[Show abstract][Hide abstract] ABSTRACT: Renibacterium salmoninarum is the causative agent of bacterial kidney disease, a major pathogen of salmonid fish species worldwide. Very low levels of intra-species genetic diversity have hampered efforts to understand the transmission dynamics and recent evolutionary history of this Gram-positive bacterium. We exploited recent advances in the next-generation sequencing technology to generate genome-wide single-nucleotide polymorphism (SNP) data from 68 diverse R. salmoninarum isolates representing broad geographical and temporal ranges and different host species. Phylogenetic analysis robustly delineated two lineages (lineage 1 and lineage 2); futhermore, dating analysis estimated that the time to the most recent ancestor of all the isolates is 1239 years ago (95% credible interval (CI) 444-2720 years ago). Our data reveal the intercontinental spread of lineage 1 over the last century, concurrent with anthropogenic movement of live fish, feed and ova for aquaculture purposes and stocking of recreational fisheries, whilst lineage 2 appears to have been endemic in wild Eastern Atlantic salmonid stocks before commercial activity. The high resolution of the SNP-based analyses allowed us to separate closely related isolates linked to neighboring fish farms, indicating that they formed part of single outbreaks. We were able to demonstrate that the main lineage 1 subgroup of R. salmoninarum isolated from Norway and the UK likely represent an introduction to these areas ∼40 years ago. This study demonstrates the promise of this technology for analysis of micro and medium scale evolutionary relationships in veterinary and environmental microorganisms, as well as human pathogens.The ISME Journal advance online publication, 31 October 2013; doi:10.1038/ismej.2013.186.
The ISME Journal 10/2013; 8(4). DOI:10.1038/ismej.2013.186 · 9.30 Impact Factor
[Show abstract][Hide abstract] ABSTRACT: Background
Staphylococcus aureus exhibits tropisms to many distinct animal hosts. While spillover events can occur wherever there is an interface between host species, changes in host tropism only occur with the establishment of sustained transmission in the new host species, leading to clonal expansion. Although the genomic variation underpinning adaptation in S. aureus genotypes infecting bovids and poultry has been well characterized the frequency of switches from one host to another remains obscure. We sought to identify sustained switches in host tropism in the S. aureus population, both anthroponotic and zoonotic, and their distribution over the species phylogeny.
We have used a sample of 3042 isolates, representing 696 distinct MLST genotypes, from a well-established database (www.mlst.net). Using an empirical parsimony approach (AdaptML) we have investigated the distribution of switches in host association between both human and non-human (henceforth referred to as animal) hosts. We reconstructed a credible description of past events in the form of a phylogenetic tree; the nodes and leaves of which are statistically associated with either human or animal habitats, estimated from extant host-association and the degree of sequence divergence between genotypes. We identified 15 likely historical switching events; 13 anthroponoses and two zoonoses. Importantly, we identified two human-associated clade candidates (CC25 and CC59) that have arisen from animal-associated ancestors; this demonstrates that a human-specific lineage can emerge from an animal host. We also highlight novel rabbit-associated genotypes arising from a human ancestor.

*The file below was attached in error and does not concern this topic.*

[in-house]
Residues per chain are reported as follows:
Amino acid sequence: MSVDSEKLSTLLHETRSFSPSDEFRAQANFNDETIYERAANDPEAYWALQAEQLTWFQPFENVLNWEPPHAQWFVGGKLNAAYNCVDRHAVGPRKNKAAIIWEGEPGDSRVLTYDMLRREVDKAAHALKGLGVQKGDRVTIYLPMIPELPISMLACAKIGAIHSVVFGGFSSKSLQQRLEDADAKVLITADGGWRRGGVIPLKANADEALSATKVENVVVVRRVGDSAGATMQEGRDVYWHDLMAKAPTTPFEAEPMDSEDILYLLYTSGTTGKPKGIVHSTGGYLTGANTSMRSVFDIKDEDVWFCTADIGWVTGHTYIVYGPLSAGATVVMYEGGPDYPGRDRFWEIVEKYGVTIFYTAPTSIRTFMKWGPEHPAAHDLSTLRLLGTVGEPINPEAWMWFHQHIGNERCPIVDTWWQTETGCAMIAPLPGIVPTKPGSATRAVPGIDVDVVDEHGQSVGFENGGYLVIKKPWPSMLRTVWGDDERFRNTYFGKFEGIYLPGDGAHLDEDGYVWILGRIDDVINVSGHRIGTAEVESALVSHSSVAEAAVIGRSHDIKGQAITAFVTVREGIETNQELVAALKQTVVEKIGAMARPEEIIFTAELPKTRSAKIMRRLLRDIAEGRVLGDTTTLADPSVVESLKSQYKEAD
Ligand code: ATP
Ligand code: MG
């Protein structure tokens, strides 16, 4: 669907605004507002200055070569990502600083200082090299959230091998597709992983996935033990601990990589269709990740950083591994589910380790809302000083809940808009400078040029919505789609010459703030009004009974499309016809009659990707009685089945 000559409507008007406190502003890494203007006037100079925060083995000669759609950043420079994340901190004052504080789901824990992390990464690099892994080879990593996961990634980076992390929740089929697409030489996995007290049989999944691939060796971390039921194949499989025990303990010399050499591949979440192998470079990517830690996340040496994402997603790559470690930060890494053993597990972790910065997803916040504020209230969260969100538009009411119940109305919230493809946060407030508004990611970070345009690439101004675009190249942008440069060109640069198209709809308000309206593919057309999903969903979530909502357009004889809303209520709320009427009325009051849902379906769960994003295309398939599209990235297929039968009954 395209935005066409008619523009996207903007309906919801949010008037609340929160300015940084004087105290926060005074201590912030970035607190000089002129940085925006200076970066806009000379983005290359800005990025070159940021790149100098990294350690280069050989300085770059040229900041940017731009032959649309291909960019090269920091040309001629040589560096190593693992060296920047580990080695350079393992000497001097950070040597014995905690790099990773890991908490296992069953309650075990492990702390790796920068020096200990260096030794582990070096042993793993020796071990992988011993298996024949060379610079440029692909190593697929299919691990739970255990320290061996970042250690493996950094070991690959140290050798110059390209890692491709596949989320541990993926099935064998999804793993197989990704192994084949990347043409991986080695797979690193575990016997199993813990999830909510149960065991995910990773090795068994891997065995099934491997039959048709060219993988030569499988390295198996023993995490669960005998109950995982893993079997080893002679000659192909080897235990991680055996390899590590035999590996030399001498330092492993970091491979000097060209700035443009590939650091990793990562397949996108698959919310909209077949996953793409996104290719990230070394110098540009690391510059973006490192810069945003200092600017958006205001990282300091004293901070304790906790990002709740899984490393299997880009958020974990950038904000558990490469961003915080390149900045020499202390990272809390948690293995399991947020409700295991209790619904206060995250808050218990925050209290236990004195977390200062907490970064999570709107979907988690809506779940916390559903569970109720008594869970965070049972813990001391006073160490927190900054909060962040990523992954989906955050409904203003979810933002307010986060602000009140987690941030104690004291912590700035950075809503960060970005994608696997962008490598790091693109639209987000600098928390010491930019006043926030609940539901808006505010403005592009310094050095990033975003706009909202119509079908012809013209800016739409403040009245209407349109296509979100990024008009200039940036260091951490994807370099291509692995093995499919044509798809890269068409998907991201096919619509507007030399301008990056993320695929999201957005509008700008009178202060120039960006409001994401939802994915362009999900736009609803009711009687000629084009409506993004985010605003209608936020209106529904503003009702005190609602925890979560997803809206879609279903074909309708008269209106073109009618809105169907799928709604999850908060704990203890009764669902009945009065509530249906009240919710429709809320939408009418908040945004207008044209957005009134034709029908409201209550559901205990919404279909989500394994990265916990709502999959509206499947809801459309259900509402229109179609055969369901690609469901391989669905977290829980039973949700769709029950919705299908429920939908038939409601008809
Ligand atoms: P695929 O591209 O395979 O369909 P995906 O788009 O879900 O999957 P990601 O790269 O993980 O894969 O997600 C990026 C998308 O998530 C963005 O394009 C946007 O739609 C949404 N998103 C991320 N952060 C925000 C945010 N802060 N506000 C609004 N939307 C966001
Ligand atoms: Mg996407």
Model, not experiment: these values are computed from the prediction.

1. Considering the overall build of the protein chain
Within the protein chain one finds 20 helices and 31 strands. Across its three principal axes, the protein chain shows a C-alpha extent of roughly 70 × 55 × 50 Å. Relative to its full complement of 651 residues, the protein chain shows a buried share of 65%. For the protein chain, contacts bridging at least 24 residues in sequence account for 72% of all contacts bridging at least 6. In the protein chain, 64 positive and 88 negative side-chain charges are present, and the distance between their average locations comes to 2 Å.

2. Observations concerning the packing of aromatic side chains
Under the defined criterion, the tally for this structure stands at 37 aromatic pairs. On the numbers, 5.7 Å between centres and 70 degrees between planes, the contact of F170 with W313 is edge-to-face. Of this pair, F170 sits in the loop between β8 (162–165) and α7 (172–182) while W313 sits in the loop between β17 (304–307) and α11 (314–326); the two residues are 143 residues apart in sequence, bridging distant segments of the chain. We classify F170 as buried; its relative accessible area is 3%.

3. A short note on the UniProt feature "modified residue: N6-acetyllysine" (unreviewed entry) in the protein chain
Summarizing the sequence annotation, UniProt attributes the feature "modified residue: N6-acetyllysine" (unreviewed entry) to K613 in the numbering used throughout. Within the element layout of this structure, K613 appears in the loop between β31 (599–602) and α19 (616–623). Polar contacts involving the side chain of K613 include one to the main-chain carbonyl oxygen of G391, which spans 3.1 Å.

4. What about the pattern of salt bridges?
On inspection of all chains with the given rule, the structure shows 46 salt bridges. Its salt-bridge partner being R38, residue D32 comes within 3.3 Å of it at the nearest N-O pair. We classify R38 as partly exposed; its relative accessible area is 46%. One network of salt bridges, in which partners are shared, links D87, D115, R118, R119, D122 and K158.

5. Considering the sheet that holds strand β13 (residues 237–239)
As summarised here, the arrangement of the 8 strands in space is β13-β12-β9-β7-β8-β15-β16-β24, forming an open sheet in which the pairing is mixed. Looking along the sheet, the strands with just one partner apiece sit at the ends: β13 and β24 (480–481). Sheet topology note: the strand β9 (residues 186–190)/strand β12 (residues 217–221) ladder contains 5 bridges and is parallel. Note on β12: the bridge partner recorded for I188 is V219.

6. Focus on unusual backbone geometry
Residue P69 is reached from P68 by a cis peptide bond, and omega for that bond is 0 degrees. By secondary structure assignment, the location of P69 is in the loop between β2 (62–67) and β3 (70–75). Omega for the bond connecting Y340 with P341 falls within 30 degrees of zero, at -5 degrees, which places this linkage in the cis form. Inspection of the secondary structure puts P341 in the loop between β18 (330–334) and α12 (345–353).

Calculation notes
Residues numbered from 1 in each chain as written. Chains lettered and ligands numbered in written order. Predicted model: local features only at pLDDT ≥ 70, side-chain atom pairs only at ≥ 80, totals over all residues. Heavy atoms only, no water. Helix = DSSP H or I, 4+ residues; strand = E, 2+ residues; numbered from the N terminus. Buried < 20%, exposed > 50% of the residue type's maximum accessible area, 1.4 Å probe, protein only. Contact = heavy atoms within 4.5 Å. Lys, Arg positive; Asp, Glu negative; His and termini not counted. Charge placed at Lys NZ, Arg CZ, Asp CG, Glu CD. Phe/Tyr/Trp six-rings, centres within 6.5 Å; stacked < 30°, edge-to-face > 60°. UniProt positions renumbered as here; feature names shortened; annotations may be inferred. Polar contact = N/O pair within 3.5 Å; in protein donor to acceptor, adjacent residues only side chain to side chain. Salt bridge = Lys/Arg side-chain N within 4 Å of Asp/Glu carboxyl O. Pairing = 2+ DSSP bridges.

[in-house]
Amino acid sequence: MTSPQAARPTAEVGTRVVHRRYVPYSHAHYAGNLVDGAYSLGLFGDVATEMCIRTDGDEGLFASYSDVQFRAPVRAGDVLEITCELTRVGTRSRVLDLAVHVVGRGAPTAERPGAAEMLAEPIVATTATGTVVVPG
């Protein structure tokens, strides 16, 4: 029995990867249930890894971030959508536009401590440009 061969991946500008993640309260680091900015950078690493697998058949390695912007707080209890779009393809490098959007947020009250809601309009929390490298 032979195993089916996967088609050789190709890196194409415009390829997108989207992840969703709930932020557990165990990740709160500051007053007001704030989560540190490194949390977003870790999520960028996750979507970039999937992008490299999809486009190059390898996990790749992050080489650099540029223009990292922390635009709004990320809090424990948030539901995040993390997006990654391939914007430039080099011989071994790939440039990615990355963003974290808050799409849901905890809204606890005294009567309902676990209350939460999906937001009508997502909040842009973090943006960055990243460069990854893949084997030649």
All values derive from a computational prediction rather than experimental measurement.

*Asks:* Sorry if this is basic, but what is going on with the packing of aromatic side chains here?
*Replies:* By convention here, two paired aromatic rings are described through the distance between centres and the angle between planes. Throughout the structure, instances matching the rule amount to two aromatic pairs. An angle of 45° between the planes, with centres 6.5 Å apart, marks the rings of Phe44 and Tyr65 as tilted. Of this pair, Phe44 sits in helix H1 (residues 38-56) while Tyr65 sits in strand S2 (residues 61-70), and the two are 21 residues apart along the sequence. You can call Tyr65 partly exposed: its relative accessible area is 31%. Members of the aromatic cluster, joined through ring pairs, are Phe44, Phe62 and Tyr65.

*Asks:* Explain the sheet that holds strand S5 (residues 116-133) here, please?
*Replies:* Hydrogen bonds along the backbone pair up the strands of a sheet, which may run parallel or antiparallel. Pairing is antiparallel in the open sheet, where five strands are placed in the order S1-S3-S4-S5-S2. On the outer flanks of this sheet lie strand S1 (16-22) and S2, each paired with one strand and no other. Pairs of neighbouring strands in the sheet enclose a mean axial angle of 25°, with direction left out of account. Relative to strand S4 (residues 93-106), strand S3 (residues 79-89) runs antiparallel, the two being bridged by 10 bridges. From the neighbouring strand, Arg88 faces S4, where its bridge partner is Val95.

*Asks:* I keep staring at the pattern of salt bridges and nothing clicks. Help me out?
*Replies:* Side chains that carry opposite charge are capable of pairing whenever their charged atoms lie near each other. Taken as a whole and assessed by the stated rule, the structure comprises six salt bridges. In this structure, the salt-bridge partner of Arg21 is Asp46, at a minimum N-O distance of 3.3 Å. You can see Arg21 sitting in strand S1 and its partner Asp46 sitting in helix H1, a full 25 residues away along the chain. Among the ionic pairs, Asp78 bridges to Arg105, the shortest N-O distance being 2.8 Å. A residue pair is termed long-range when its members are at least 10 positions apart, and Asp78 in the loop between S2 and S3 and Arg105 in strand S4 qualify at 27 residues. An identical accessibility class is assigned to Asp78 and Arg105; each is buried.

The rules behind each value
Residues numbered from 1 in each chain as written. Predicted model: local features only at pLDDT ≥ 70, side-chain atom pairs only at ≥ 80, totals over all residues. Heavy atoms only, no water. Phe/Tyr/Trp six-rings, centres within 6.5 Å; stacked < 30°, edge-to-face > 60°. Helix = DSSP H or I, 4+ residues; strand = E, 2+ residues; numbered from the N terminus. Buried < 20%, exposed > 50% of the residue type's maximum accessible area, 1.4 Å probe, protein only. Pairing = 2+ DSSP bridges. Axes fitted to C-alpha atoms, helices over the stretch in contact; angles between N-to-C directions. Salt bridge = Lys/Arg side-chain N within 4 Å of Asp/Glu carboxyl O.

S. aureus is an organism with the capacity to switch into and adapt to novel hosts, even after long periods of isolation in a single host species. Based on this evidence, animal-adapted S. aureus lineages exhibiting resistance to antibiotics must be considered a major threat to public health, as they can adapt to the human population.
PLoS ONE 05/2013; 8(5):e62369. DOI:10.1371/journal.pone.0062369 · 3.23 Impact Factor
[Show abstract][Hide abstract] ABSTRACT: Genotyping of Ixodes scapularis Say (Acari: Ixodidae) ticks could enhance understanding of the occurrence and genotypes of I. scapularis-borne pathogens. We investigated the utility of mitochondrial (mt) Cytochrome C Oxidase subunit I gene (cox1) sequences as a tool for understanding the population structure of I. scapularis collected in Canada, where we also investigated the geographic occurrence of different cox1 haplotypes. Sequences obtained from 414 ticks were one of 55 unique haplotypes, most of which grouped into one of six clades. Demographic analysis suggested that cox1 sequences have haplotype and nucleotide diversity comparable to other mt genes. All haplotypes were connected in a single minimum spanning network tree. Despite low fixation index values there were significant differences in the frequency of occurrence of haplotypes of different clades among four geographic regions: 1) Alberta to western Ontario, 2) eastern Ontario, 3) Quebec, and 4) Atlantic Provinces; suggesting that cox1 sequences could reveal population structure differences between I. scapularis in geographically separated populations of northeastern and midwestern North America. Spatial clusters of ticks of the same haplotype identified in regions of southern Quebec and southern Ontario where I. scapularis is invading were consistent with population bottlenecks associated with founder events. These findings suggest that cox1 sequences are useful for the study of I. scapularis population structure, are of sufficient diversity that spatial analyses of haplotypes can be used to identify where I. scapularis is emerging in southern Canada, and may be useful for exploring differences between northeastern and midwestern populations of I. scapularis.